Rounding up top reads from around the web, including articles shared by fellow investors in the Financial Horse Facebook Group.
Investors and analysts warn that banks are likely to cut their exposure to the industry after heavily indebted oil trader Hin Leong Trading filed for bankruptcy protection. The company has admitted to $800m in undisclosed losses and is the subject of a police investigation. It is the second Singapore commodities trader to run into financial difficulties in recent weeks as the coronavirus pandemic pummels crude oil demand and prices. “The key question is whether the big trading companies that rely on massive balance sheets can survive at these commodity prices,” said the founder of one macro hedge fund in Hong Kong. “We will probably see a big consolidation where only the top three or four trading firms survive.”
One statistic in particular is troubling: on average, the source of infection for 17 out of 25 new patients daily (who are Singaporeans or residents but not migrant workers living in dorms), cannot be found. This means about 68 per cent of community cases are considered “unlinked”, fuelling suspicions there is a “larger hidden reservoir” of cases within the rest of society. Prime Minister Lee Hsien Loong warned of this possibility on Tuesday when he announced the extension of “circuit breaker” measures till June 1.
It is Wall Street’s job to keep everyone enthusiastic. Nothing is more natural to big investment firms than “talking their book.” Higher trading volumes, more interest in the markets, greed over fear, etc. Can’t blame them for it. Compensation drives behavior. It’s part of capitalism, and it has been there as long as the organized financial markets have been around. Bear markets rarely end with everyone trying to pick the bottom. FOMO (fear of missing out) is back because it never left. The most likely case is that the bear market ultimately ends the way they always do – with investors despondent, and swearing off stocks forever…only to hop back on 200% higher, years later. It’s buy high, sell low, isn’t it? Nope, it’s the opposite. This is neither a time for optimism nor pessimism, bullishness nor bearishness. It’s a time to be realistic.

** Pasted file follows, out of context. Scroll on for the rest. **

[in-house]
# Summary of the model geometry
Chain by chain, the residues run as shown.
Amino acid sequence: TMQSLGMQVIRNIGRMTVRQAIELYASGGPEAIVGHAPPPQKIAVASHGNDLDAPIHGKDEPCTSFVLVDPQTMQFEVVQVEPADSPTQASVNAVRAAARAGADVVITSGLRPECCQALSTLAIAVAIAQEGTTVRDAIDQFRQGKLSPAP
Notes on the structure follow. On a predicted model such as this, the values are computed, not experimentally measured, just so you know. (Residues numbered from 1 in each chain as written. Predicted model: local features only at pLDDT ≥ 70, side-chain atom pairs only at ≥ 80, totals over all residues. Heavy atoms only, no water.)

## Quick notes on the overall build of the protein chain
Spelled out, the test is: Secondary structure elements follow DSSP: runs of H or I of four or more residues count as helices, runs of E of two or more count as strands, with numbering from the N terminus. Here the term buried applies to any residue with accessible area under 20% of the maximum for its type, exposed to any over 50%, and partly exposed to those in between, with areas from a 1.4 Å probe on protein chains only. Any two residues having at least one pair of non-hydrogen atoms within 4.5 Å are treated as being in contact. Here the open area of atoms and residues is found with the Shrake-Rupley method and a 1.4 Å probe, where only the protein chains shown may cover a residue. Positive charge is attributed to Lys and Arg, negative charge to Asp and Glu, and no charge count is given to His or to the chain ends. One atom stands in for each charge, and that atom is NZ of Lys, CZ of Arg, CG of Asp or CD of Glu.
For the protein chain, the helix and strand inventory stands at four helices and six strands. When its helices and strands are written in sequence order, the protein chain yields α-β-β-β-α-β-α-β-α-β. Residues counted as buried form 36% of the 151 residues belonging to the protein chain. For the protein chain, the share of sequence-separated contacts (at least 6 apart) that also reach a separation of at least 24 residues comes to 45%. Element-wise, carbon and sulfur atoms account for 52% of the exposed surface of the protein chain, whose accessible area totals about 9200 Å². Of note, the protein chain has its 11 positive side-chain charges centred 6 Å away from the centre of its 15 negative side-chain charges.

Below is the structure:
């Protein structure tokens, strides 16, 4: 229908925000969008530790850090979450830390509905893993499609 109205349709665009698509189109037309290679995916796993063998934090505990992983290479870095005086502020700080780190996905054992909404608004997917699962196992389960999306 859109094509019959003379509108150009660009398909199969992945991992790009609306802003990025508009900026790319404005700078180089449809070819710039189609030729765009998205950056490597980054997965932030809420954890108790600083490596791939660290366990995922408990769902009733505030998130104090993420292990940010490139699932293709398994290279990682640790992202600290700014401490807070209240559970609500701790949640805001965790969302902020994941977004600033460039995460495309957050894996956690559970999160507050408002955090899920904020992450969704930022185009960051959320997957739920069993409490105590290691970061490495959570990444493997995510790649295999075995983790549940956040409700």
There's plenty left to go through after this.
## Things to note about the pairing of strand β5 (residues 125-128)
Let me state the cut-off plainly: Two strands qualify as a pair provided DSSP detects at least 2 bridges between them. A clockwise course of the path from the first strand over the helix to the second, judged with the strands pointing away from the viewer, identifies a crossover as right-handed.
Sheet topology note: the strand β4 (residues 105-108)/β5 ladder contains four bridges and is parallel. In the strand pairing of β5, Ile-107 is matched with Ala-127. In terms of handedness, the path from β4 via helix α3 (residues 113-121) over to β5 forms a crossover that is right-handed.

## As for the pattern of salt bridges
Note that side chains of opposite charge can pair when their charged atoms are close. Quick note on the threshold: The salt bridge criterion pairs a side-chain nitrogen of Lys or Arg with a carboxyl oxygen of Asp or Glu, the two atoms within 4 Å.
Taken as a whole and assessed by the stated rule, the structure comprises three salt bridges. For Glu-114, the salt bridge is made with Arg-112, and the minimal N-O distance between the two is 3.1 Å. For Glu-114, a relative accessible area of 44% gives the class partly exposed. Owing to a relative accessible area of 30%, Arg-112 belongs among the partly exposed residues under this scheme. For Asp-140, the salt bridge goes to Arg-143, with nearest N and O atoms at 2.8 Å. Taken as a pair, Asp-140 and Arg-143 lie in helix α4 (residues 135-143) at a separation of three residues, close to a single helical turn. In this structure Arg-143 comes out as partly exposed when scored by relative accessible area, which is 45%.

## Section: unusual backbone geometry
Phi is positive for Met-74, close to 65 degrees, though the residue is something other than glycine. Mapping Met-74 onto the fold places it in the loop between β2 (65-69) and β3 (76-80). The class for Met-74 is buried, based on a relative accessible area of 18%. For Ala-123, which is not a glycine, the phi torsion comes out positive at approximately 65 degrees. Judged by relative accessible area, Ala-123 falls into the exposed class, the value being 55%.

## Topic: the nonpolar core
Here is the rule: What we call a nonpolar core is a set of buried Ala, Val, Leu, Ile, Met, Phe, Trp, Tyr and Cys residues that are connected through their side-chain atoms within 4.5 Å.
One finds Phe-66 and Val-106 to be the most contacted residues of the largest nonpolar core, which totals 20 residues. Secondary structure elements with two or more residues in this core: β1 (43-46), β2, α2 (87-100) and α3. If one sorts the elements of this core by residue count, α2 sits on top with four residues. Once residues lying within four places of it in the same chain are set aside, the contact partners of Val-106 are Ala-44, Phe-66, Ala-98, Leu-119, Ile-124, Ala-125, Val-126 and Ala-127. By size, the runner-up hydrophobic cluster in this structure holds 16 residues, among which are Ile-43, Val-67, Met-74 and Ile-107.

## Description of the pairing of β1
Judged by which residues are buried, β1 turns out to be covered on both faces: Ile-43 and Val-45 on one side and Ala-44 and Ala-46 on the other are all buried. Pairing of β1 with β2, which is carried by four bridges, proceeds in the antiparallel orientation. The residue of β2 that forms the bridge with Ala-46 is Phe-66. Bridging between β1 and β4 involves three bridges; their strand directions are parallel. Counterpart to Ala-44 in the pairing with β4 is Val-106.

Comparing the pandemic with other periods of economic hardship, such as the Great Depression, Dalio said the current downturn — painful as it is — would be “relatively brief” and would allow for a wider global “restructuring.” That restructuring could last three to five years, he said. “I know that’s a long time, but it’s not forever,” Dalio told LinkedIn’s editor in chief, Dan Roth. “The human capacity to adapt and invent and come out of this is much greater.” Dalio went on to say that people should be “very excited” about the phase that will come after that, pointing to leaps forward in digitization, data and human thinking.
“The economy is likely to contract for at least another quarter as hard times will continue for exports,” Moon Jung-hui, an economist at KB Bank said. “Consumption will improve especially on increased fiscal expenditure, but exports of key items including petrochemical products will suffer.” Since late January, the economy has been paralysed by self-isolation containment across the country, which kept businesses and shops closed and workers stuck at home.
China, the world’s biggest energy consumer, is taking advantage of a plunge in global oil prices due to the coronavirus outbreak to build up its stockpiles of crude. Imports rose 4.5% in March over a year earlier even as the world’s second-largest economy shut down to fight the virus and demand collapsed. For the first quarter of the year imports were up 5%. The price collapse is battering state-owned oil producers but is a boon to Chinese drivers, chemical producers and factories. It gives Beijing a chance to add to a strategic petroleum reserve that is meant to insulate the country against possible supply disruptions.